Oil prices fell for a sixth day on Feb. 9, and were on track for their biggest weekly losses in 10 months, as record-high U.S. crude output added to concerns about a sharp rise in global supplies.
The drop came amid a rout in global equity markets sparked by inflation fears.
Brent futures were down 64 cents at $64.17 a barrel (bbl) by 6:52 a.m. CST (12:52 GMT). On Feb. 8, Brent fell 1.1% to its lowest close since Dec. 20.
U.S. West Texas Intermediate (WTI) crude was down 90 cents at $60.25/bbl, having settled down 1% in the previous session, its lowest close since Jan. 2.
Both contracts have fallen more than 9% from this year's high point in late January. Brent was heading for a weekly loss of more than 6%, its biggest since April, while WTI's weekly decline of nearly 8% is the steepest since March.
"It has now become painfully clear for beleaguered oil bulls that the early-year rally was not justified," PVM Oil Associates' Stephen Brennock said in a note. "In its place is a deepening price rout that has quashed any lingering pockets of optimism."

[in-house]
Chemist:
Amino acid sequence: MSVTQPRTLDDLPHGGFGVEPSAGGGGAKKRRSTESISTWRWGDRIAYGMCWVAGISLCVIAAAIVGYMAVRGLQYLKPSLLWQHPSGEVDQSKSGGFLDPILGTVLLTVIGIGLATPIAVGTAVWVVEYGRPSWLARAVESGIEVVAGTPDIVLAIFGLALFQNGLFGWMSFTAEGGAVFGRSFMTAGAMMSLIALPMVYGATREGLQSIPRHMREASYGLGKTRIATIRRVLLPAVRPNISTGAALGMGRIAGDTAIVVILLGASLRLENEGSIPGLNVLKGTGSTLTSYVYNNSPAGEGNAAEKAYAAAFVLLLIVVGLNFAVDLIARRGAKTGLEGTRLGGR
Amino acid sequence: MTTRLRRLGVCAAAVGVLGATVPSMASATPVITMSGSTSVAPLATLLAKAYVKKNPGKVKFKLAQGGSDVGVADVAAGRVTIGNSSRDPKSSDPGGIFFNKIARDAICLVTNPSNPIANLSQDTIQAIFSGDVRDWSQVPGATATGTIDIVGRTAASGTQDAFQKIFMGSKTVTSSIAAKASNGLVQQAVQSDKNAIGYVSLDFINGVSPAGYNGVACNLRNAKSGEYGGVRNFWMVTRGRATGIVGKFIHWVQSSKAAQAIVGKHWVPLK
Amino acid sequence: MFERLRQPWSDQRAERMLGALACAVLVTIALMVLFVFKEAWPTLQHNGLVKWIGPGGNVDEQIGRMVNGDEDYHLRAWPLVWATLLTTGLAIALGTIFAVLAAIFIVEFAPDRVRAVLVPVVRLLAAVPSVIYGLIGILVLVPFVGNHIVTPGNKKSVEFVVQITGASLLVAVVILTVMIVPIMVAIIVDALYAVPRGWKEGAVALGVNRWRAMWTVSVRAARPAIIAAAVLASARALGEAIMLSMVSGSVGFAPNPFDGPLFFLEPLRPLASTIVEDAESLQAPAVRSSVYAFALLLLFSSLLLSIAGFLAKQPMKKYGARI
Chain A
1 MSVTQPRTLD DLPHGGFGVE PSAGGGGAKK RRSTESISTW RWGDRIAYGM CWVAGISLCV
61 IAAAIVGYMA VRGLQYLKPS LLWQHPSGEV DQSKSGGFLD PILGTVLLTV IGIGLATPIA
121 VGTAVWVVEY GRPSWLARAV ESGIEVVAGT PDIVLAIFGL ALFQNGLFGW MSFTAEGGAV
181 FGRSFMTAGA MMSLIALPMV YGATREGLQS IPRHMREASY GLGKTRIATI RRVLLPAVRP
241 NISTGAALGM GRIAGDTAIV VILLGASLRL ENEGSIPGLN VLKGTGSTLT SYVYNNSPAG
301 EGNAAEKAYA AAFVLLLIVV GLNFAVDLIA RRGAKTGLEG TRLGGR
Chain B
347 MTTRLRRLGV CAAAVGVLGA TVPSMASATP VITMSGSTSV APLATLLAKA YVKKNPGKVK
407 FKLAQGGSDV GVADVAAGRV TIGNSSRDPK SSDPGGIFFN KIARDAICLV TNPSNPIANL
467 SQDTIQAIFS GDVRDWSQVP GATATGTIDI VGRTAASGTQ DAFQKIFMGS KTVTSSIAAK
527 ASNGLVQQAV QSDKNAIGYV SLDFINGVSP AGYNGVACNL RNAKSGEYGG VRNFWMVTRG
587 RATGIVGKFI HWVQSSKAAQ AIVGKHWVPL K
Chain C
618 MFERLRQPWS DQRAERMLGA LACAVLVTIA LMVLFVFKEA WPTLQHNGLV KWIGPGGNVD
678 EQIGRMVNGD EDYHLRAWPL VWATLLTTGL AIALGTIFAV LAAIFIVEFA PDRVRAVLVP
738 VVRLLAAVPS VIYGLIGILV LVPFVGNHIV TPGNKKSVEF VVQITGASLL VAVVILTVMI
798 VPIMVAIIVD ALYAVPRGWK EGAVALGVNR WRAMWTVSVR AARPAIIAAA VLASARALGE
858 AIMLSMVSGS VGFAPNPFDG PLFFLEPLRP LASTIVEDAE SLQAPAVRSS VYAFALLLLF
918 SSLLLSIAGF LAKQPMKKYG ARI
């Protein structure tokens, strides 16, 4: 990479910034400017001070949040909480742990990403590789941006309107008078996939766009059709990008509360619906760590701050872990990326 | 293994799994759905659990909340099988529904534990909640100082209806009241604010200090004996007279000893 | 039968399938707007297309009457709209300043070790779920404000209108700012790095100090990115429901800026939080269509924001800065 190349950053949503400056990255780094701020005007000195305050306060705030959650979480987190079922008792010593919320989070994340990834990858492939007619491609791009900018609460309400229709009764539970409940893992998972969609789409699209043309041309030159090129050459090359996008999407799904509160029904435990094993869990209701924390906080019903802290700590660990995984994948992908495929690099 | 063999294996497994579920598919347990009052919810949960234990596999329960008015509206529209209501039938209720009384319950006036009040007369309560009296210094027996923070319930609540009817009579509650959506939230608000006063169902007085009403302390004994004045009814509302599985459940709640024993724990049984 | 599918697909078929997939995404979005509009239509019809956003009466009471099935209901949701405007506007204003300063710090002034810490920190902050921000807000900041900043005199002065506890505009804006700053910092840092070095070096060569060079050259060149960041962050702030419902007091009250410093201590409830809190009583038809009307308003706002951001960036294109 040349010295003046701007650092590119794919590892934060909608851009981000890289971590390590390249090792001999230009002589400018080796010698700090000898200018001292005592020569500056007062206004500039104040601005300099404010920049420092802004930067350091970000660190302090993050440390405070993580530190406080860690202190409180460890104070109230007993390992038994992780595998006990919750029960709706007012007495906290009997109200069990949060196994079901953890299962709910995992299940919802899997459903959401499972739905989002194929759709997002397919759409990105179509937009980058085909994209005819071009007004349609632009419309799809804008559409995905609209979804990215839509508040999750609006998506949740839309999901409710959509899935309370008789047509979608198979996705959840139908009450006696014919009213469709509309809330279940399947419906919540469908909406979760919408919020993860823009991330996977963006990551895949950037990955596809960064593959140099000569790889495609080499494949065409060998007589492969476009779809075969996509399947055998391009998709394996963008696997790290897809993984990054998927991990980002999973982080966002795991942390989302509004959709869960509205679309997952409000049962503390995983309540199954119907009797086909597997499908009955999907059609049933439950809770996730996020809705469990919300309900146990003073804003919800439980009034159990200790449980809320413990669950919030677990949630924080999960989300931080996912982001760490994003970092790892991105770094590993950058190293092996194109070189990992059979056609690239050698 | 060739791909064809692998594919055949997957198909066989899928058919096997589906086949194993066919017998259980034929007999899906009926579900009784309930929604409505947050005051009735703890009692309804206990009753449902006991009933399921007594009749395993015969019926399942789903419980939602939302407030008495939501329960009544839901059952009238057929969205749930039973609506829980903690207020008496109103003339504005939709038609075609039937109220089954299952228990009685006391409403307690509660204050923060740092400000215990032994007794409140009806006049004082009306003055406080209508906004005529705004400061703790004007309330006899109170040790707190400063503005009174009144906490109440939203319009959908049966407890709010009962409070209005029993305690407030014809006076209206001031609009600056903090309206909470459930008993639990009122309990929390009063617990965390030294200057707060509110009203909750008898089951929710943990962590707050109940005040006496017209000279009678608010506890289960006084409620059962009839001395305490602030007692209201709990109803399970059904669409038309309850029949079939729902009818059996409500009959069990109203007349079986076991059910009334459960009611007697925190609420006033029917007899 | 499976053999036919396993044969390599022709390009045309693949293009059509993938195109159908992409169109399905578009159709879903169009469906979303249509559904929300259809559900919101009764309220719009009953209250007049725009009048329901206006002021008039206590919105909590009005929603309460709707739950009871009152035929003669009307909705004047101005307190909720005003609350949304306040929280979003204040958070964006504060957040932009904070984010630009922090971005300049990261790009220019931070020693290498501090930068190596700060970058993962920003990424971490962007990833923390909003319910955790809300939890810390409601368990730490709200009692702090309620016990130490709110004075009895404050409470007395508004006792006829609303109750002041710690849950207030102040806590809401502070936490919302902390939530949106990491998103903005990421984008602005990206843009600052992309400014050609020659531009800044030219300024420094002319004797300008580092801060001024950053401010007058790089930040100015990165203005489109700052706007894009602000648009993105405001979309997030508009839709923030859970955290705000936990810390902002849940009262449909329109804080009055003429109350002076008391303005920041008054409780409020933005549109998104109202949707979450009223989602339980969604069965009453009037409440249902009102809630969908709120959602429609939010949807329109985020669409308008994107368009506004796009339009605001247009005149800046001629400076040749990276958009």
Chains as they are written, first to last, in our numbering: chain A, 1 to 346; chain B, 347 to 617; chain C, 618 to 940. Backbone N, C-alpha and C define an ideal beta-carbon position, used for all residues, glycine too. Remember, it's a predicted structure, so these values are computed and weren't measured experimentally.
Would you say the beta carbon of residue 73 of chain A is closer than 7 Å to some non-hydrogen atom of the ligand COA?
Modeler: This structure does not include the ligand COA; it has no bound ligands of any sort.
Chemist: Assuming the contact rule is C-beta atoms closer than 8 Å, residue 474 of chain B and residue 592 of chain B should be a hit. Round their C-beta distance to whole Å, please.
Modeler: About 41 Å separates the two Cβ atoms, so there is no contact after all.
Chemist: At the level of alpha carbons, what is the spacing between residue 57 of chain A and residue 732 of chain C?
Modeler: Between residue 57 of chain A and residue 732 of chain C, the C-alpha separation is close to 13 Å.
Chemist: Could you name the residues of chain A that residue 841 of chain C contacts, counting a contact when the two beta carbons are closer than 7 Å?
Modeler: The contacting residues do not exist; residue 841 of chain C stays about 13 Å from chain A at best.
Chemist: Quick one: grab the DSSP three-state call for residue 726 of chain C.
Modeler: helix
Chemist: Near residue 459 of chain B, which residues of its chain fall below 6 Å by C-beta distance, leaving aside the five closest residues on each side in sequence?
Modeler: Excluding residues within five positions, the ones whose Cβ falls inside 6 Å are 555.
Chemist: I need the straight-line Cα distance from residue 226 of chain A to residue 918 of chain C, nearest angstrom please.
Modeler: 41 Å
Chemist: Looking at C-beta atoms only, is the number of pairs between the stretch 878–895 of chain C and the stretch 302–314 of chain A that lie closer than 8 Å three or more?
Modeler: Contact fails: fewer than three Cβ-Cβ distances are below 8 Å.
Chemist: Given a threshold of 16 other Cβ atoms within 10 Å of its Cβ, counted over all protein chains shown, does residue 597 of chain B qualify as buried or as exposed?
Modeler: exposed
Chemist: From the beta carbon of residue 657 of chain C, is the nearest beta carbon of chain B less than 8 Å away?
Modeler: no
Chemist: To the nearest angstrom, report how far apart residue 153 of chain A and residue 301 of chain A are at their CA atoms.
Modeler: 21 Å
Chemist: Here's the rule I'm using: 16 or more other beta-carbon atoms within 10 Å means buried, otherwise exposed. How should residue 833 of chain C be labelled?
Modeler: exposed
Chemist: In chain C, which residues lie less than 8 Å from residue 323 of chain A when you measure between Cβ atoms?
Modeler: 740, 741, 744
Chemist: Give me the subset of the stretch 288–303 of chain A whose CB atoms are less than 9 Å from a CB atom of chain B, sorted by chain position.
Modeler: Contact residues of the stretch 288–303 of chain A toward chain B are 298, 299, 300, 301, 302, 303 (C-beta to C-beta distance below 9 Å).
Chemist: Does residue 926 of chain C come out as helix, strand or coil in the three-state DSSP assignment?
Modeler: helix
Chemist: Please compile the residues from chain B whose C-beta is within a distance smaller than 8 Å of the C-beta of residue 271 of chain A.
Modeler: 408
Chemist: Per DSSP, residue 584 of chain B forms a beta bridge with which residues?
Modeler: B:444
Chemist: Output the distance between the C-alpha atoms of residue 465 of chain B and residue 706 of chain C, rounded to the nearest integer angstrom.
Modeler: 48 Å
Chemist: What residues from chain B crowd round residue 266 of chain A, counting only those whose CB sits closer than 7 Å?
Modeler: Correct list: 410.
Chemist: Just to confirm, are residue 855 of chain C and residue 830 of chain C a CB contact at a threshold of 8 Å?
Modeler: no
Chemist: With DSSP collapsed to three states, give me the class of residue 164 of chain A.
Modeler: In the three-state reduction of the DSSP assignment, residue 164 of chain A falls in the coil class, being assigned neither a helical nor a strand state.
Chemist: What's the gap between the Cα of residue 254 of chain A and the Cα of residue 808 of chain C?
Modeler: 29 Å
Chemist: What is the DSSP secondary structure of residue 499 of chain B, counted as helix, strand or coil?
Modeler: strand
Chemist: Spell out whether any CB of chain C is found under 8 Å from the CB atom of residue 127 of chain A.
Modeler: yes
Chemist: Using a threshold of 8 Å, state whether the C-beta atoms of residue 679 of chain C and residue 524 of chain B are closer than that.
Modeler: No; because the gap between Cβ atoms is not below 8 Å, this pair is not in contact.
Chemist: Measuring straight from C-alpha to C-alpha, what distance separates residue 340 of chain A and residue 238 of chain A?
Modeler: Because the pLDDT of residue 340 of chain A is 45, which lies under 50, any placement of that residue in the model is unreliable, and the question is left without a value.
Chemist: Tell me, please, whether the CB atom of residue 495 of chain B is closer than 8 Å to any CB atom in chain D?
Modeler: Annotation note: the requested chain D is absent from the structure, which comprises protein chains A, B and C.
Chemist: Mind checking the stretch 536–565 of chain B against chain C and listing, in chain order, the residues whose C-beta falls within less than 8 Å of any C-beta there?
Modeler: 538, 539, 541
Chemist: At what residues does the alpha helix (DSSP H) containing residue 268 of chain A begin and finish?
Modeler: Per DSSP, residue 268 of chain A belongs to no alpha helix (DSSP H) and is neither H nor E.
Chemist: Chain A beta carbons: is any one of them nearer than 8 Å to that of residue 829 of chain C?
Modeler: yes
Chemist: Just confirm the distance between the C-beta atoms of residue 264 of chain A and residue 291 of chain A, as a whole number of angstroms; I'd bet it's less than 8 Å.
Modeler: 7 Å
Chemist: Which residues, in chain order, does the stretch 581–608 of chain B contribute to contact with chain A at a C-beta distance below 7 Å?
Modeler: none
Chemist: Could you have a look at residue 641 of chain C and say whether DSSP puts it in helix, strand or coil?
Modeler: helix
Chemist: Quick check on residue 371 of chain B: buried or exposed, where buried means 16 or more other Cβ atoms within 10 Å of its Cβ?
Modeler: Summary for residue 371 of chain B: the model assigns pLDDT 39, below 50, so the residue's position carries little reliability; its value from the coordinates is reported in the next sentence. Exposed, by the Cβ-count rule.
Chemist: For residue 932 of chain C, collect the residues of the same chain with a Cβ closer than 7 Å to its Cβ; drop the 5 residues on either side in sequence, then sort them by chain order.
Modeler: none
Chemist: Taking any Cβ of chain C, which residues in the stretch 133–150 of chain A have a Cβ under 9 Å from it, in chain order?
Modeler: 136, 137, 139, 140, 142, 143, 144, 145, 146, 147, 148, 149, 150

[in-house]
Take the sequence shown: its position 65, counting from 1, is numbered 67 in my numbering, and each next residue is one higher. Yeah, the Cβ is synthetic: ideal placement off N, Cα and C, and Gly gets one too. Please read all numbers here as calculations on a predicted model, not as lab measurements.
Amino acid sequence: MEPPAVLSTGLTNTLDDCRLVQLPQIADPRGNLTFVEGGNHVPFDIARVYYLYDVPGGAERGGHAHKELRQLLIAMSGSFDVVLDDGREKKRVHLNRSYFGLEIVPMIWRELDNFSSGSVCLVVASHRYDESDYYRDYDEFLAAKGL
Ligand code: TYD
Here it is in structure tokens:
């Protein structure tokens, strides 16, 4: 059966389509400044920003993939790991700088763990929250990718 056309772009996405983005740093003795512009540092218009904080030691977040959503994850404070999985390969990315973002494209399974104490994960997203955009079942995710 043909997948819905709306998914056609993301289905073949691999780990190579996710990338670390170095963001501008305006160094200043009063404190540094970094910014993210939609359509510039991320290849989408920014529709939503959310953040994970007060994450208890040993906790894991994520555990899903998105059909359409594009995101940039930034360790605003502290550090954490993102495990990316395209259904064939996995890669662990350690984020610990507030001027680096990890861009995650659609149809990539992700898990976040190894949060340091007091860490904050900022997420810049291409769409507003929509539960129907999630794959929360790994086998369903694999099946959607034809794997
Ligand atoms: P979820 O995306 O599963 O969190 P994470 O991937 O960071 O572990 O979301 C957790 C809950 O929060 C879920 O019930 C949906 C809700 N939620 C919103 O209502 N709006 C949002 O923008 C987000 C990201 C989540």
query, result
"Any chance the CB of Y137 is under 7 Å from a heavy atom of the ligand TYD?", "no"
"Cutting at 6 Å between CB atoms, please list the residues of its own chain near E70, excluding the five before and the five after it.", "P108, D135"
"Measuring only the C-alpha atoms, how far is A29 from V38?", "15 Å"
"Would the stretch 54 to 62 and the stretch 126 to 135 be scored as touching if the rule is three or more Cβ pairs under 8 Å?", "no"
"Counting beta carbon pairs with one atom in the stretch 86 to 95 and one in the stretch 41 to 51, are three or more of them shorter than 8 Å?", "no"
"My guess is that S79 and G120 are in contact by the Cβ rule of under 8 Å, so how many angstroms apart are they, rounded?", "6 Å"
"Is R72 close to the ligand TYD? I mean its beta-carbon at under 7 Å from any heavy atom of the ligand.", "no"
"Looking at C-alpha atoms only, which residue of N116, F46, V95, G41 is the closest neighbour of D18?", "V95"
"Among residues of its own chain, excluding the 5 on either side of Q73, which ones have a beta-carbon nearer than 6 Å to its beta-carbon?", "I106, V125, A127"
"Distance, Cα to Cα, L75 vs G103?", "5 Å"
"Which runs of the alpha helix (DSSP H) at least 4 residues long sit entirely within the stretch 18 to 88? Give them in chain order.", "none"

U.S. domestic crude production hit a record of 10.25 million bbl/d for the most recent week, according to the U.S. Energy Information Administration (EIA), while an outage on a key oil pipeline in the North Sea proved short-lived.
OPEC member Iran also announced plans on Feb. 8 to increase production within the next four years by at least 700,000 bbl/d, which Brennock said marked "a hat-trick of heartaches" for oil bulls.
"This will be a tall order as the spectre of fresh U.S. sanctions looms but nevertheless exacerbated the sell-off," Brennock said.
U.S. production gains have put it on track to overtake the current output in Saudi Arabia, the biggest producer in OPEC.
The U.S. increases have complicated efforts by OPEC and other producers, including Russia, to force down excess global inventories by cutting output. The group extended the production cut deal, which began in January 2017, until the end of 2018.
An increase in U.S. exports is also challenging OPEC members' market share in key regions such as Asia.
"We think that surging supply and slowing demand growth will tip the market back into a surplus this year," analysts at Capital Economics said in a note.